Necessary for the survival of any carrier or logistics company is the need to be compensated for transportation services. Because claims arising under interstate transportation contracts can be subject to multiple tariffs, special venue requirements, unusual time limitation statutes, and other related issues, the litigation of such claims is best undertaken by counsel experienced with both the law and the industry. Knowing how and when tariffs apply, especially within the context of rail transportation, can literally mean millions of dollars for the client. This is a proven advantage that we continuously provide to our clients.
Cohen & Palombo attorneys are particular adept in the recovery of freight charges from shippers or consignees, who have already paid an intermediary that has absconded with these funds, or simply went out of business and failed to pay the carrier which transported the freight. These "double payment" cases can be quite contentious due to the business relationships involved and considering that the shipper or consignee has already paid the charges once. We are the go to law firm prosecuting these cases in state, federal and bankruptcy courts nationwide.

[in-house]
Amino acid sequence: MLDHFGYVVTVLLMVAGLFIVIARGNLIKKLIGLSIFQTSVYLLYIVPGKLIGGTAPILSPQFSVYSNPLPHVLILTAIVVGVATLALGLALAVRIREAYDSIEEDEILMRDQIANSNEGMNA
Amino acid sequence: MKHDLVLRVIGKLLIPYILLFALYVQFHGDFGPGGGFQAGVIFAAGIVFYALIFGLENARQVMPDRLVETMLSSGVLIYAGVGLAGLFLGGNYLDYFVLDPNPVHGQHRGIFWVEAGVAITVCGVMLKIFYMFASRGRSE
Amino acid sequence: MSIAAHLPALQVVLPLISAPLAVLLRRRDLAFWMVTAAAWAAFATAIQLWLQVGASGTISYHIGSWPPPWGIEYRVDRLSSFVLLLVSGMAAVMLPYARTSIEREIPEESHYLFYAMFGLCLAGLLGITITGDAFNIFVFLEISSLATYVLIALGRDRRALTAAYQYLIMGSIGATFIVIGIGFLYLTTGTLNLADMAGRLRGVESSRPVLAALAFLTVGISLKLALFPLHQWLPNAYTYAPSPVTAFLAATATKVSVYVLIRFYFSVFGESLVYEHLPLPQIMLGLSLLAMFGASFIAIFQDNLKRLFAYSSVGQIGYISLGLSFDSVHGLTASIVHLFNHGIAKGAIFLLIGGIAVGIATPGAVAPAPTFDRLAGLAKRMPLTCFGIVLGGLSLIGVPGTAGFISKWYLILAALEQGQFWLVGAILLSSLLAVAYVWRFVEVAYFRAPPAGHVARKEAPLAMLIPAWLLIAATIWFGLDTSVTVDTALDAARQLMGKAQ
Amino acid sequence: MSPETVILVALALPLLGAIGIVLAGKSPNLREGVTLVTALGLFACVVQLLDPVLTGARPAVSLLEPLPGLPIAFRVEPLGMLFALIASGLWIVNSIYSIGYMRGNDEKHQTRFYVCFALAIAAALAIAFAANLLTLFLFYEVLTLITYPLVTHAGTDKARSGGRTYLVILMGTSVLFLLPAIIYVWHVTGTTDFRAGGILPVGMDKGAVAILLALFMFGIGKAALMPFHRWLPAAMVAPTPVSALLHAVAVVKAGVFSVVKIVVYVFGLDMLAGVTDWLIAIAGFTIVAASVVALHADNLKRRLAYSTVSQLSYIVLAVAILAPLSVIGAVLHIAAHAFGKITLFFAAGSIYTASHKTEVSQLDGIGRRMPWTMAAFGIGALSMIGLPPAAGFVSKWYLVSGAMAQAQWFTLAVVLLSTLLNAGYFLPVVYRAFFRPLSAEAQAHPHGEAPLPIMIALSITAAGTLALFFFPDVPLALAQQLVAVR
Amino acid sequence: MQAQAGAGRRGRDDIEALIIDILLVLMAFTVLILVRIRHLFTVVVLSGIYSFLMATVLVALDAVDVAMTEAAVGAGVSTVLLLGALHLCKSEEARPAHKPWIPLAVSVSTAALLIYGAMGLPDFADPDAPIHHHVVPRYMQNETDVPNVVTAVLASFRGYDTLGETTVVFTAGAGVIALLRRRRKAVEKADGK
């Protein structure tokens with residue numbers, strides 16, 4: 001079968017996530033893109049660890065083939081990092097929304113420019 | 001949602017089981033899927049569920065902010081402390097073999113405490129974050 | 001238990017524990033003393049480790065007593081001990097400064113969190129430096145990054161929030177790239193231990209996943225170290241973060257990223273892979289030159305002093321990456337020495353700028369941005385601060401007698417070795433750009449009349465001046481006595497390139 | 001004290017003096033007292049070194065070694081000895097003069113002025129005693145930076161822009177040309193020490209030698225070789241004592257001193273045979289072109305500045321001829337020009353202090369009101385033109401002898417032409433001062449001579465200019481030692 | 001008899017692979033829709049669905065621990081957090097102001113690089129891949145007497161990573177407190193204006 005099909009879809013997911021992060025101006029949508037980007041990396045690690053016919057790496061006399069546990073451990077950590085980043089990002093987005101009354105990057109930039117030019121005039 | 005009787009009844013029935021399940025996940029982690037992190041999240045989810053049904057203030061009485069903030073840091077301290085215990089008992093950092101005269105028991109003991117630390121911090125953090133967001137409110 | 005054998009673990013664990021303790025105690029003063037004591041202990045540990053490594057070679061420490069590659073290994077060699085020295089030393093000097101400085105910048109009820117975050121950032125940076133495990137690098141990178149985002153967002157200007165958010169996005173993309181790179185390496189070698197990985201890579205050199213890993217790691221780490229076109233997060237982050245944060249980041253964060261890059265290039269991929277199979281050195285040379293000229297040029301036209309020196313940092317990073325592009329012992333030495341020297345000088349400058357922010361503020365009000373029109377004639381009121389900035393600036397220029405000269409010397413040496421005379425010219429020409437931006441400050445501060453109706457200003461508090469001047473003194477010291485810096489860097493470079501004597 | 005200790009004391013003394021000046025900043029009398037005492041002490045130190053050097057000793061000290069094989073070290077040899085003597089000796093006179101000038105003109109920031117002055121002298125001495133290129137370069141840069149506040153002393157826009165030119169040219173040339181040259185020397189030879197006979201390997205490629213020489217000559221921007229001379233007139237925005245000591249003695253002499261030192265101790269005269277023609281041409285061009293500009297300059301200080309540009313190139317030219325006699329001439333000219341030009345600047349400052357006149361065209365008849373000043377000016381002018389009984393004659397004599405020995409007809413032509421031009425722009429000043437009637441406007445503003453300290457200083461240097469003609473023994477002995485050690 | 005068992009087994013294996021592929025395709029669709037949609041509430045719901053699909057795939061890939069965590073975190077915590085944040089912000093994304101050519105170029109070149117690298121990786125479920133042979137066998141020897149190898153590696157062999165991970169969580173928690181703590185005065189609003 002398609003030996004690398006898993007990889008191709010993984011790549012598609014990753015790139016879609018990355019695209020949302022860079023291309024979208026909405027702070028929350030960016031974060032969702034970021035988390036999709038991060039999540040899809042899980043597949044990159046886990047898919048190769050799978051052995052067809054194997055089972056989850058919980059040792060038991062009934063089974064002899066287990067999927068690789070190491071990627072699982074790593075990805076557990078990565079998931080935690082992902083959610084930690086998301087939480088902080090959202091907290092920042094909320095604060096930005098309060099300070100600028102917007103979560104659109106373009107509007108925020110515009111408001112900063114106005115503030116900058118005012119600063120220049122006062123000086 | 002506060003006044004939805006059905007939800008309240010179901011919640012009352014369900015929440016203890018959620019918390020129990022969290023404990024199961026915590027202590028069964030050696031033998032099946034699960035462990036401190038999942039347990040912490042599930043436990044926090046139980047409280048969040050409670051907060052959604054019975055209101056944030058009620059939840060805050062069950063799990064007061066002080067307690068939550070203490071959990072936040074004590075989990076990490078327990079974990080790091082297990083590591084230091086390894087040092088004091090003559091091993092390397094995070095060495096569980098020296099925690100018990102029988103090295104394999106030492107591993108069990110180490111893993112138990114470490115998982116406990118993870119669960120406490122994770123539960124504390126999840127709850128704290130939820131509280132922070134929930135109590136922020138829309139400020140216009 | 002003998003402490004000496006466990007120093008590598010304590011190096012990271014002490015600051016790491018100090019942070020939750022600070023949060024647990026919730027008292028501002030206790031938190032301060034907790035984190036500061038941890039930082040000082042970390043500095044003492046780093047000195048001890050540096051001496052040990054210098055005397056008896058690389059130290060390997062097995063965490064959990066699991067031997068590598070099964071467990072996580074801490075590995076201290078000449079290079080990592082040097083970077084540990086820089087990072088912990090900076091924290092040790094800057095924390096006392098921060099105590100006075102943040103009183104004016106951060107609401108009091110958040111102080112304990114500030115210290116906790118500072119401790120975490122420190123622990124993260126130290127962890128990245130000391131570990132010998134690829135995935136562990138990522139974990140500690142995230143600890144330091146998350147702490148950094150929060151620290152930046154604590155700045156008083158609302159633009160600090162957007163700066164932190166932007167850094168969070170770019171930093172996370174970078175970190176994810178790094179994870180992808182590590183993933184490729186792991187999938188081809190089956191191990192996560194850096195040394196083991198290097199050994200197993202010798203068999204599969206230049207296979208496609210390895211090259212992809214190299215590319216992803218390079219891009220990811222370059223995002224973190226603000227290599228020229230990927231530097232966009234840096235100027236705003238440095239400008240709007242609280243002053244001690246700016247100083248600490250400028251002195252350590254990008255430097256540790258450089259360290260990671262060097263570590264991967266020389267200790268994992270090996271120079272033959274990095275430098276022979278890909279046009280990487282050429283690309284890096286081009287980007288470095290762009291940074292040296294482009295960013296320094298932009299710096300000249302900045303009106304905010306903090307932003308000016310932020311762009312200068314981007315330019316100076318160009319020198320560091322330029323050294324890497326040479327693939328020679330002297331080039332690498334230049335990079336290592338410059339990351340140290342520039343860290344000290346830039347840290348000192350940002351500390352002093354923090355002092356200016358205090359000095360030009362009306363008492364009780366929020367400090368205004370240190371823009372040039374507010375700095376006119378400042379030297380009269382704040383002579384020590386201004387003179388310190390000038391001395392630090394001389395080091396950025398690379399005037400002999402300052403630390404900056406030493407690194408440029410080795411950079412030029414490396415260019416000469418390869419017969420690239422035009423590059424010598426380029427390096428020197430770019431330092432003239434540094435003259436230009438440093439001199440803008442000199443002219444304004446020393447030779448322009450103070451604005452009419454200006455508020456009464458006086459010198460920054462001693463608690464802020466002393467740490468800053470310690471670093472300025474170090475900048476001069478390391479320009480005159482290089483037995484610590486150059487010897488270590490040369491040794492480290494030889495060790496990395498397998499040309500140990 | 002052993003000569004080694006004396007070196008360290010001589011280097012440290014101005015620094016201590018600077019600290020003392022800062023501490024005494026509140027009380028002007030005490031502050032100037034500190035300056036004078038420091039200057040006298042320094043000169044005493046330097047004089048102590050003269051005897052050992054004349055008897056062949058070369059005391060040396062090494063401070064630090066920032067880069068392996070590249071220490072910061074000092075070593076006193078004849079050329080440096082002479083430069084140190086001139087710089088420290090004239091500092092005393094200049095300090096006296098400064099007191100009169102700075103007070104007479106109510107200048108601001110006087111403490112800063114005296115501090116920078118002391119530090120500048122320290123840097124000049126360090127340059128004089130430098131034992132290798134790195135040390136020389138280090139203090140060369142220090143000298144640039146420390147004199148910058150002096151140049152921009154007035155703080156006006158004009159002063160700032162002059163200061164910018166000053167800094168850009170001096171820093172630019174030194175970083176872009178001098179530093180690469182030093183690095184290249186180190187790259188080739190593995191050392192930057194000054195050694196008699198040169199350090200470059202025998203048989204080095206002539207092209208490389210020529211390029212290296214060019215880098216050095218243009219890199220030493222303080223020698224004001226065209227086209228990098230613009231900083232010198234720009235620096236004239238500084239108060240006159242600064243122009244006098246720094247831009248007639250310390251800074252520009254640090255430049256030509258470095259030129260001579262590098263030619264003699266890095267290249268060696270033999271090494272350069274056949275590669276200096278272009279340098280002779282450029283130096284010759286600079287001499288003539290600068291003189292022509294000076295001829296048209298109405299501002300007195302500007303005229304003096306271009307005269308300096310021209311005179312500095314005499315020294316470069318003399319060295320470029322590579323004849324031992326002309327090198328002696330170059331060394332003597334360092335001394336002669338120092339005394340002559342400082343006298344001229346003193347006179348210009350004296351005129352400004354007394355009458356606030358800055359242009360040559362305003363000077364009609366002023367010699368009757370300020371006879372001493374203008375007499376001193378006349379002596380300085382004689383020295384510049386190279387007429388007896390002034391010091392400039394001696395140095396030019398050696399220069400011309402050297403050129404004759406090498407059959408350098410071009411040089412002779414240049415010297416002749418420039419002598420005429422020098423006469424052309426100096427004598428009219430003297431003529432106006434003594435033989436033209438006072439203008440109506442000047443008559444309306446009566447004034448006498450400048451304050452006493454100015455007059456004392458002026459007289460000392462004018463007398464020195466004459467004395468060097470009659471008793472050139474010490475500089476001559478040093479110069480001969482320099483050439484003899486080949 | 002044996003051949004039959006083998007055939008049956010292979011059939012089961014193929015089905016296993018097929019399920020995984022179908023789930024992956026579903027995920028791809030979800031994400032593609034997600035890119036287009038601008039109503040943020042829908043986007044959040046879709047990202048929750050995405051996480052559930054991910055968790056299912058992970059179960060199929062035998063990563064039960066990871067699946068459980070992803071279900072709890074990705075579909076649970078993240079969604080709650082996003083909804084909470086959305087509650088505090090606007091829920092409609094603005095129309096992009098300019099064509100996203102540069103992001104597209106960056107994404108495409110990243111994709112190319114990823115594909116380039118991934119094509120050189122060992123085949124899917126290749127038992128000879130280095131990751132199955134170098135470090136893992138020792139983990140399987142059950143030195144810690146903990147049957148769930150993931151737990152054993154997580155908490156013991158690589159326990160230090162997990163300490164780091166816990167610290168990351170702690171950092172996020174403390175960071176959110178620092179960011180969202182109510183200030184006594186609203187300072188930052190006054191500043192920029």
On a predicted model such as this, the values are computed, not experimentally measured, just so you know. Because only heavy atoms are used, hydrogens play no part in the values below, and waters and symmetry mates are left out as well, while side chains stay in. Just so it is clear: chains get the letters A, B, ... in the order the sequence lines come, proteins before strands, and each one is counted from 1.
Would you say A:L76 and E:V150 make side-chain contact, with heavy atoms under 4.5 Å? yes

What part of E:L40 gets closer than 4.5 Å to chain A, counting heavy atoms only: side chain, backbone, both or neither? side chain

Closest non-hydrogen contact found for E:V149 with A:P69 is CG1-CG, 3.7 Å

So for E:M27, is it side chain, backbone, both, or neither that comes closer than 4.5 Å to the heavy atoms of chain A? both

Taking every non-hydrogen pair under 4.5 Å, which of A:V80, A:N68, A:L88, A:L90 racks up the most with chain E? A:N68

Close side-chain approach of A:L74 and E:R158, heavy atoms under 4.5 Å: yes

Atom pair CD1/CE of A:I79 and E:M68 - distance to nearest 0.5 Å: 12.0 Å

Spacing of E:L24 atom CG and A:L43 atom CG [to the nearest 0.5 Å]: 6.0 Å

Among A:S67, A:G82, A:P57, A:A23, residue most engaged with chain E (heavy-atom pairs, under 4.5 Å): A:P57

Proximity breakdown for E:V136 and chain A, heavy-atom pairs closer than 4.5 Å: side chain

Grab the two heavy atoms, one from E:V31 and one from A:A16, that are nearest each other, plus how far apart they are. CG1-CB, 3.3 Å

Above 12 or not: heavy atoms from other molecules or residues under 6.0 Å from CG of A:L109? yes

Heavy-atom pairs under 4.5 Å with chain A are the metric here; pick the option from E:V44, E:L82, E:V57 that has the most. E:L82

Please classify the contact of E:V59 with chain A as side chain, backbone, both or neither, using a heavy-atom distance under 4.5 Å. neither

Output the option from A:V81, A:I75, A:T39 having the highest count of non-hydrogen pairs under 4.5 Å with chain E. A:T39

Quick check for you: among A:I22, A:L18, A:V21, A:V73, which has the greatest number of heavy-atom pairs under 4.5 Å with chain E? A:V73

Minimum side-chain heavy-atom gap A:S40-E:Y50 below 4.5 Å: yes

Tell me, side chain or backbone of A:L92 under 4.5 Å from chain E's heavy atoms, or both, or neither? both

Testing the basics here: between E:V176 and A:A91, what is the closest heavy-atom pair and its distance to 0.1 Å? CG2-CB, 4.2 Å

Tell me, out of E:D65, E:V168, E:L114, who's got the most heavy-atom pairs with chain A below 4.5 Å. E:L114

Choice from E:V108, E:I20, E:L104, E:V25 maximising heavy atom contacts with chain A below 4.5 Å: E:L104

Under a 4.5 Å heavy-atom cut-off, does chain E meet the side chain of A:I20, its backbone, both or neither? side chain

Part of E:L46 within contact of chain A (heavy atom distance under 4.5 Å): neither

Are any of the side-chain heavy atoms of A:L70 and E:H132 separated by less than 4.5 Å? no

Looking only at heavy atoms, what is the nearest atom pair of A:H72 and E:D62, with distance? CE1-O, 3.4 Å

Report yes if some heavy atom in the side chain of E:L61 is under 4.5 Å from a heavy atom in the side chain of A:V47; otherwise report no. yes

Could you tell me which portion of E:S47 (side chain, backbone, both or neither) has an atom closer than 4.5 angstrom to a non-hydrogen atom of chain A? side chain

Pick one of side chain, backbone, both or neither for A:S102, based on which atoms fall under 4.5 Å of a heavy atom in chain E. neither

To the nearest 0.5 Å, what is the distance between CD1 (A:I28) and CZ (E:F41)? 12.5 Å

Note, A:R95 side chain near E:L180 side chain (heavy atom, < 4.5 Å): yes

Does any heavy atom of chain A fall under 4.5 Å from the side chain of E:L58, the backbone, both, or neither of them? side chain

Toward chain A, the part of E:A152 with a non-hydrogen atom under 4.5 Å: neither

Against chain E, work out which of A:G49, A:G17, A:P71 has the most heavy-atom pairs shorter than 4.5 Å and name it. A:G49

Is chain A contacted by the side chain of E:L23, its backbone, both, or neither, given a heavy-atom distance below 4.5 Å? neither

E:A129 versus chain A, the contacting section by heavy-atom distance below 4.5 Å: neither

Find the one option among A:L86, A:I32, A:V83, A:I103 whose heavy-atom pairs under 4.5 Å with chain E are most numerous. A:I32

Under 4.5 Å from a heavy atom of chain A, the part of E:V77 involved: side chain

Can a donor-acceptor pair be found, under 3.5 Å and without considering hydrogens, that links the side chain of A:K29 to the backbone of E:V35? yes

Norfolk Southern Railway Company v. Basell USA, Inc., 512 F.3d 86 (3d Cir. 2008). In vacating the limited recovery afforded by the judgment of the district court, the U.S. Court of Appeals held that our client had introduced evidence probative of a material breach of a transportation contract with discounted rates. Upon remand, the district court ruled that the contract had been voided by the material breach of the defendant, thereby allowing our client to re-rate the freight moves and collect $2,586,031 in tariff charges.
CSX Transportation, Inc. v. Ken's Foods, Inc., 310 F. Supp. 3d 254, 256 (D. Mass. 2018). On summary judgment, the court rejected the ultimate consignees’ equitable estoppel defense. The court held that a consignee on collect shipment remains liable to railroad for freight charges where the consignee pays an intermediary who fails to pay the carrier even when the intermediary is designated as the bill to party on bills of lading and the intermediary had a credit agreement with the delivering railroad. As such, our client was entitled to recover the full amount of $728,917 plus interest and attorneys’ fees according to the applicable tariff.